The splicing of introns and joining of exons to form mRNA is dependent on complex cellular machinery and conserved sequences within introns to be performed correctly.  Single-nucleotide variants in splicing consensus regions, or “scSNVs” (defined as −3 to +8 at the 5’ splice site and −12 to +2 at the 3’ splice site)  have the potential to alter the normal pattern of mRNA splicing in deleterious ways.  Even those variants that are exonic and synonymous (i.e., they do not alter the amino acid incorporated into a polypeptide) can potentially affect splicing.  Altered splicing can have important downstream effects in human disease such as cancer.

Using machine-learning to predict splice-altering variants

In the paper “In silico prediction of splice-altering single nucleotide variants in the human genome,”  the researchers took on the problem of predicting which single-nucleotide variants (SNVs) have the potential to be splice-altering by computing “ensemble scores” for potential variants, combining the results of several popular splicing prediction software tools into one probability score.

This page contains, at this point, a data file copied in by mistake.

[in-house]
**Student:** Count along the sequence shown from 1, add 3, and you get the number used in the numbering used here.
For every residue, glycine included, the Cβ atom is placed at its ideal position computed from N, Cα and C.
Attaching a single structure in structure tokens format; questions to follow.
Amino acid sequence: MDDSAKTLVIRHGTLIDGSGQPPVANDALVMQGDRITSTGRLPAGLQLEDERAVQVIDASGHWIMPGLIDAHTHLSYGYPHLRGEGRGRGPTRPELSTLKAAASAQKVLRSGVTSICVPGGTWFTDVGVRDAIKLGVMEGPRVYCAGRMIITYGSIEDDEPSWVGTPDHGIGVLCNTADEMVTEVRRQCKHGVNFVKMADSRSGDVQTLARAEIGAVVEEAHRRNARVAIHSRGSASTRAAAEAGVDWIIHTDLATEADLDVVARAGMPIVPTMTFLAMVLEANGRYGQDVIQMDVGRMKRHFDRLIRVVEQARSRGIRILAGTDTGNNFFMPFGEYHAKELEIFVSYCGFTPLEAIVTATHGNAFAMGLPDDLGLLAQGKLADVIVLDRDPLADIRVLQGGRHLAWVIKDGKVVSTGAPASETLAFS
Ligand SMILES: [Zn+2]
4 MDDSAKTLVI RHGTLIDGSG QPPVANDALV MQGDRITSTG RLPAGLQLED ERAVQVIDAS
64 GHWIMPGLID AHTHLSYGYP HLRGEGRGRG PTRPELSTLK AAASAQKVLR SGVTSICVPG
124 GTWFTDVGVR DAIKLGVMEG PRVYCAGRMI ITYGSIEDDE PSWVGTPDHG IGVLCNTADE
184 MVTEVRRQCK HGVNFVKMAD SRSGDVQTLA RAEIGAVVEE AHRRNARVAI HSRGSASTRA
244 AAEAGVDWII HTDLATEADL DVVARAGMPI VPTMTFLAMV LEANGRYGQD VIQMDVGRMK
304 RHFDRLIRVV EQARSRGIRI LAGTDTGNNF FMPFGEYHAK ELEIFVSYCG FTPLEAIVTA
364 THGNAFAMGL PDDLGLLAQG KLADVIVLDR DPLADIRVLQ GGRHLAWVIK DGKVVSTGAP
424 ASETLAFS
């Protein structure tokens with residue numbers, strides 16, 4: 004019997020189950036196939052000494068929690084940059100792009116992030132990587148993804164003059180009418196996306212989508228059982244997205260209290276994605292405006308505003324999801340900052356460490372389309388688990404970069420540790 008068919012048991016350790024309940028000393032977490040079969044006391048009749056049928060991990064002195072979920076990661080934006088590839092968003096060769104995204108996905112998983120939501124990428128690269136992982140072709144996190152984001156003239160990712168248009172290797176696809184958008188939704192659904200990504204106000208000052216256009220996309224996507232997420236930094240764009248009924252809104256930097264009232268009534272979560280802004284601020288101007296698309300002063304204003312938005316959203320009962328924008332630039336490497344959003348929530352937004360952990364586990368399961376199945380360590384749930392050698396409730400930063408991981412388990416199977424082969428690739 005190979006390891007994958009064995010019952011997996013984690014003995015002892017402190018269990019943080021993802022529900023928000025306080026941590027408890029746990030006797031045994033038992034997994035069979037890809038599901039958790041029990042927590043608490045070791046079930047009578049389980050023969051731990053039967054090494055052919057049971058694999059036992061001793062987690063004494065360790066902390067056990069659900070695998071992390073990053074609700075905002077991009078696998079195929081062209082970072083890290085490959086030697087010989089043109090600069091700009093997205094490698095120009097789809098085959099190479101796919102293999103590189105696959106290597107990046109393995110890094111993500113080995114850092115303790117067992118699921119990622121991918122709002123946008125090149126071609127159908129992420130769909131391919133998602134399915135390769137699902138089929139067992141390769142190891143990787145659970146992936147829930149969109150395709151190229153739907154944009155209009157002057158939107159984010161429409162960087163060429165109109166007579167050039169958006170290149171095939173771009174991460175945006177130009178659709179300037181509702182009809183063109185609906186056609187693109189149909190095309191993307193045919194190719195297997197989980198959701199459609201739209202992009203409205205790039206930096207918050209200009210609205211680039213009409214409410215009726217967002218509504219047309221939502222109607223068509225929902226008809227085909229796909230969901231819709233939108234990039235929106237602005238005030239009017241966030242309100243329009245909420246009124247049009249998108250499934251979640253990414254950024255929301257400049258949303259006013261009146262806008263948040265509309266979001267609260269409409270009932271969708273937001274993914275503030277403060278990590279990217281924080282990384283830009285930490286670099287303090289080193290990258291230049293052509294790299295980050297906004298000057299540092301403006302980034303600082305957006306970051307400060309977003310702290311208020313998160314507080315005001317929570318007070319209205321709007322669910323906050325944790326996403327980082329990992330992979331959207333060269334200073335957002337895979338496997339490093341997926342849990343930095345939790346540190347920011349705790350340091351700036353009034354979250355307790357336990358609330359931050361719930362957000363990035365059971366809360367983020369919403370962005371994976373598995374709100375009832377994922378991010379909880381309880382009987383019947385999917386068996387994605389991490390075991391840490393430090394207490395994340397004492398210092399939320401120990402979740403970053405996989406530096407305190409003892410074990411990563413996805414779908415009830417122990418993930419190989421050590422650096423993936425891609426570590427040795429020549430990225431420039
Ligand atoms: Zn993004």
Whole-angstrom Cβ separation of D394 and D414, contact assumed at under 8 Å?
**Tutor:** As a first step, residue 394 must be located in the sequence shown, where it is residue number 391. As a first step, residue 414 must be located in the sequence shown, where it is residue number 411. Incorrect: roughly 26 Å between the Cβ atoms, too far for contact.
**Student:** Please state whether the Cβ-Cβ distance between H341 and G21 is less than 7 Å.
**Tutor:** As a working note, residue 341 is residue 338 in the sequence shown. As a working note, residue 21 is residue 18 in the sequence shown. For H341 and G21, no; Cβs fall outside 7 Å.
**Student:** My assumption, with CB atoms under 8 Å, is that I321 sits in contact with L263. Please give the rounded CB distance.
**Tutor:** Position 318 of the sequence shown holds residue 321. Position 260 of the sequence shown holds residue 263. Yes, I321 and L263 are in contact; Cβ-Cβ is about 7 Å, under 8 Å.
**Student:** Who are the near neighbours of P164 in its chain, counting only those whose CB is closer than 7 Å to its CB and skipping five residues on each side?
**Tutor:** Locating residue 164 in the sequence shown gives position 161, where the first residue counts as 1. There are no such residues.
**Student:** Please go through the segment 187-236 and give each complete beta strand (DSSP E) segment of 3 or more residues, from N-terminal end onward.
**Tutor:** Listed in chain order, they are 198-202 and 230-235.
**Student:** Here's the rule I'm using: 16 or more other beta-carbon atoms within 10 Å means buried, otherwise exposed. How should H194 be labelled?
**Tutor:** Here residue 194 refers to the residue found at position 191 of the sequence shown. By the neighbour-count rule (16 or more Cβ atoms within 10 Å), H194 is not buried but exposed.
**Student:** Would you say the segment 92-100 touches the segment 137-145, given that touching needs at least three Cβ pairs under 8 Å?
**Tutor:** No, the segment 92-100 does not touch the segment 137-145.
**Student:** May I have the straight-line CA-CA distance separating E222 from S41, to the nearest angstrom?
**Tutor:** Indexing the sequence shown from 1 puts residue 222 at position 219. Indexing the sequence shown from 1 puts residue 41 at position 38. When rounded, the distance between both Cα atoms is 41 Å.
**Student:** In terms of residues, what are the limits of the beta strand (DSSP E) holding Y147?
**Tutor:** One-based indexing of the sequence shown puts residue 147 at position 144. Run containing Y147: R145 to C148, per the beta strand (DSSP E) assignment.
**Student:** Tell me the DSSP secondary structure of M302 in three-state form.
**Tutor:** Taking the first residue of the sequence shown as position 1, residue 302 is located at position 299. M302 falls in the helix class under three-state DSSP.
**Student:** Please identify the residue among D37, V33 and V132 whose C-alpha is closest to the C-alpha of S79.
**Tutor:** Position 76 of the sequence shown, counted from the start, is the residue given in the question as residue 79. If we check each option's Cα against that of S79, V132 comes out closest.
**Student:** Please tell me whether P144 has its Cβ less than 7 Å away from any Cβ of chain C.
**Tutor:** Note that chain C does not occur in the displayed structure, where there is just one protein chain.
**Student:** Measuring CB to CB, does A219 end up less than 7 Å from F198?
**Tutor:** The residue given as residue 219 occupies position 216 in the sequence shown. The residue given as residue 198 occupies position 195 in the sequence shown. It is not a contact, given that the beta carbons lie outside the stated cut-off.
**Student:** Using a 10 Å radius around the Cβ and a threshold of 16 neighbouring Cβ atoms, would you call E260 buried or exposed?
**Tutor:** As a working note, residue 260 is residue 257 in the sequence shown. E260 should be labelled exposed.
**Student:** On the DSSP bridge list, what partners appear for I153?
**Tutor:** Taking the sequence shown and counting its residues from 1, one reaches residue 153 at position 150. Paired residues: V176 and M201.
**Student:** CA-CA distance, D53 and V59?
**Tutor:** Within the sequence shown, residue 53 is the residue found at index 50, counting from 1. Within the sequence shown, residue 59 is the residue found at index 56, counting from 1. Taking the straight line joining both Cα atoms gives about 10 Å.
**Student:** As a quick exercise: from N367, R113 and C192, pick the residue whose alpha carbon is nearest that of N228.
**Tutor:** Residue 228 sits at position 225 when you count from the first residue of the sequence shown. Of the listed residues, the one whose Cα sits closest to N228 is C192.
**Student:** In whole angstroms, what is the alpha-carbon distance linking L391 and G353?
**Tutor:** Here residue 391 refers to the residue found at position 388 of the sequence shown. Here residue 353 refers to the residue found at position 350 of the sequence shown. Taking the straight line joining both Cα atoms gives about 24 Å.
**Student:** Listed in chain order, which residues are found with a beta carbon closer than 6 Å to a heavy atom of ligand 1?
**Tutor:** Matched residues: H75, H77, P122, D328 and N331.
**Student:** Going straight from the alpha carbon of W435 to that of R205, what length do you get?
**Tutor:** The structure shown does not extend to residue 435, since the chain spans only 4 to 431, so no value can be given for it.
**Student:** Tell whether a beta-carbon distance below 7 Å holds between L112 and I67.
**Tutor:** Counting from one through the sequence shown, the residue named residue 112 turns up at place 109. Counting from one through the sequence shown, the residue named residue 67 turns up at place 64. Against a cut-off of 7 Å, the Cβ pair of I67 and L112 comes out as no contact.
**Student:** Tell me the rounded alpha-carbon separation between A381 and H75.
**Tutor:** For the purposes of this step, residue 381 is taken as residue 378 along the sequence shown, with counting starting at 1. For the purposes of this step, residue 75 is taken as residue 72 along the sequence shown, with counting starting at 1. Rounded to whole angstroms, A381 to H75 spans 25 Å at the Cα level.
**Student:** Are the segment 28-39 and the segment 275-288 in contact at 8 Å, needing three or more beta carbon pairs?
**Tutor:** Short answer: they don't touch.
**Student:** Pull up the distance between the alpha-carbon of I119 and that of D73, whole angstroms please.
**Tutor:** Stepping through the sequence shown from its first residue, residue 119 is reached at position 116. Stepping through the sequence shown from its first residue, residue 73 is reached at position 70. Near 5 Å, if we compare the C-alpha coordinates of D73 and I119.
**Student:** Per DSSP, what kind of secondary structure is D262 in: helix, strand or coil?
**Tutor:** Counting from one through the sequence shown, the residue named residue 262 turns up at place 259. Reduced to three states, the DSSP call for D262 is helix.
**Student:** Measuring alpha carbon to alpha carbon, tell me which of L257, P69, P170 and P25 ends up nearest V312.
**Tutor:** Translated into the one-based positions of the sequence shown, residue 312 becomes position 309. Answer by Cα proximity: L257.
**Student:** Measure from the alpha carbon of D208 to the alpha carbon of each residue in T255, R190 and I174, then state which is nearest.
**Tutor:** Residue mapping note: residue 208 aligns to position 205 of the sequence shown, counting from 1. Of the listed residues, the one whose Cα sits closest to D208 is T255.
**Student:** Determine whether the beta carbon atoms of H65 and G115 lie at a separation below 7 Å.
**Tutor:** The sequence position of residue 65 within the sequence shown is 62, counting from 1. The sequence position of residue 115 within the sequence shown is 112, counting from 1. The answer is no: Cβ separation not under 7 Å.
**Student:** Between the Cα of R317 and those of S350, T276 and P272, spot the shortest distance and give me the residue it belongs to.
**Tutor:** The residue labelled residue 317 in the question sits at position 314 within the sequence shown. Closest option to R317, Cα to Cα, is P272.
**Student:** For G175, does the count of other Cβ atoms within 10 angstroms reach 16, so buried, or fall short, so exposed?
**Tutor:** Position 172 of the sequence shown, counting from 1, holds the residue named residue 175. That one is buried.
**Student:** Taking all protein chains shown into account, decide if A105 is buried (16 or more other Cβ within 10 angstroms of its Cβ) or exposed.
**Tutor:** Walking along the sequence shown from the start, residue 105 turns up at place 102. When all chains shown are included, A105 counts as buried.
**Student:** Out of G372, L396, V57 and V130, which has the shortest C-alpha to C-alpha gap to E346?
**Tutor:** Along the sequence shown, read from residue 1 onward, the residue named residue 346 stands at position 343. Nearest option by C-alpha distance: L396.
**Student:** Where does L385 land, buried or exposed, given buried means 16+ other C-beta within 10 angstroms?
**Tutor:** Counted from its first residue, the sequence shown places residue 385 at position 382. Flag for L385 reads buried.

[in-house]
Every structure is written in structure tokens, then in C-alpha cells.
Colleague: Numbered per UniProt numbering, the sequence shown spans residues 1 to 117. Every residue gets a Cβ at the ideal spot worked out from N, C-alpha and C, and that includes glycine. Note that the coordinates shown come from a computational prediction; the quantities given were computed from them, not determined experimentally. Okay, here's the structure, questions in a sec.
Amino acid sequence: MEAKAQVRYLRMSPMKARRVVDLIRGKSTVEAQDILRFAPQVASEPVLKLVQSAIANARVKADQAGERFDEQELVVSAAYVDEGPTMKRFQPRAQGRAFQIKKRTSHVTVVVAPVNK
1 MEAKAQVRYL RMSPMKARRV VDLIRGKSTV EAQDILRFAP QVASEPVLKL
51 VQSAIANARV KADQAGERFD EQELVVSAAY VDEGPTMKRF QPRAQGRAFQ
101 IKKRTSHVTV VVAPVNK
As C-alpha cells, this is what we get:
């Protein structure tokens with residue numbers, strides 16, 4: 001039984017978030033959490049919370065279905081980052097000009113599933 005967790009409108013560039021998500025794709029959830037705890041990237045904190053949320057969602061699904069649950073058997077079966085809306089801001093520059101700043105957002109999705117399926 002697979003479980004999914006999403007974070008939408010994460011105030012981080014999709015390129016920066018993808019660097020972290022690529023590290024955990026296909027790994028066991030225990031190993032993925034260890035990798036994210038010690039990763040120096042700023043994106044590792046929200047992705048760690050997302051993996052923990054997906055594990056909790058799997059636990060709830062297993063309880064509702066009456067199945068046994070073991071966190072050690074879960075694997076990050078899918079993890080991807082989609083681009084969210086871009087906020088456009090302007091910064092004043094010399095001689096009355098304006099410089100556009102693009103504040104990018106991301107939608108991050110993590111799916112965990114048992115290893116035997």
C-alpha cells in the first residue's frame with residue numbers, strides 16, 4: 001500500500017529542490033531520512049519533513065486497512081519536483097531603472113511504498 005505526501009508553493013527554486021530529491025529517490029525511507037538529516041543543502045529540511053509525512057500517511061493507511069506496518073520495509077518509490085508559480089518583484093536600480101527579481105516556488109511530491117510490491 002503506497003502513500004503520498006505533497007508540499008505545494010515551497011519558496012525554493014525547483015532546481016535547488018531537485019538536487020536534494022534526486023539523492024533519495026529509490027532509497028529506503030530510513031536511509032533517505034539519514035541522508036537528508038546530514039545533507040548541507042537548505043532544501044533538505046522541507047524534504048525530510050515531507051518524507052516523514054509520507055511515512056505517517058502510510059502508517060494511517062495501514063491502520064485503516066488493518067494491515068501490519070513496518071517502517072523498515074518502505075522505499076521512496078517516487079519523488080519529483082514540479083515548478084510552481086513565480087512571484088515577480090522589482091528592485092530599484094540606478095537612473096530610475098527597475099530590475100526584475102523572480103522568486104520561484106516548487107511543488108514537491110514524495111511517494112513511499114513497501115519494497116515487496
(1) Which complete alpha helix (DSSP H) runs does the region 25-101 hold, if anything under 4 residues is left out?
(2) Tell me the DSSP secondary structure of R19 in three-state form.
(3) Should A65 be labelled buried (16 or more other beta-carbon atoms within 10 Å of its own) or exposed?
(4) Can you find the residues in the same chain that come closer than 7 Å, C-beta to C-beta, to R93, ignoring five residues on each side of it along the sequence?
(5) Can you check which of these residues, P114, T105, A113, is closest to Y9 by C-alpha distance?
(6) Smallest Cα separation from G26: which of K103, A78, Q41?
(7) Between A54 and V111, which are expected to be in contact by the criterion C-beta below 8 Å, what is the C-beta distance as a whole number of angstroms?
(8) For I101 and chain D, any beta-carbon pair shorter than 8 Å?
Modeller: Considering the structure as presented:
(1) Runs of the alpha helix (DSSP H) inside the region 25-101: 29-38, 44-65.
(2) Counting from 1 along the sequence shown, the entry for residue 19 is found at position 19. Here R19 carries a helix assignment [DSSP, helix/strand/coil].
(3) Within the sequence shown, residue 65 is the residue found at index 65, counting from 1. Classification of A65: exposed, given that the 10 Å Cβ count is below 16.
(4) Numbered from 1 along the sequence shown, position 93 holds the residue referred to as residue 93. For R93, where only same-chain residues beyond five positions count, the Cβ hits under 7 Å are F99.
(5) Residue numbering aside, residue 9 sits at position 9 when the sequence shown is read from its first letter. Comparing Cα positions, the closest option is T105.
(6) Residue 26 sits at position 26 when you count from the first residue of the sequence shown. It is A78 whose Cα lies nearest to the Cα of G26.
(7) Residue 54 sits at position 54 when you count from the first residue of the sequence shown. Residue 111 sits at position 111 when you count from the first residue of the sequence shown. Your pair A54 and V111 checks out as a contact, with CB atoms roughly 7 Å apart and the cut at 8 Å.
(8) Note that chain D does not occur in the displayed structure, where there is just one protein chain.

They did this by using “random forest” (rf) and “adaptive-boosting” (adaboost) classifiers from machine-learning methods to give improved ensemble predictions that are demonstrated to do better than predictions from an individual tool, leading to improvements in the sensitivity and specificity of the predictions.

As part of their supplementary material, the authors pre-computed rf and adaboost scores for every SNV in a library of nearly ~16 million such sites collated from human RefSeq and Ensembl databases.   The scores are probabilities of a particular SNV being splice-altering (0 to 1).

Exploratory analysis of the database

I performed an exploratory data analysis of chromosome 1 (chr1) SNVs from the  database that was made available with the paper.

First, I just looked at where the SNVs on chrom 1 were located as classified by Ensembl region: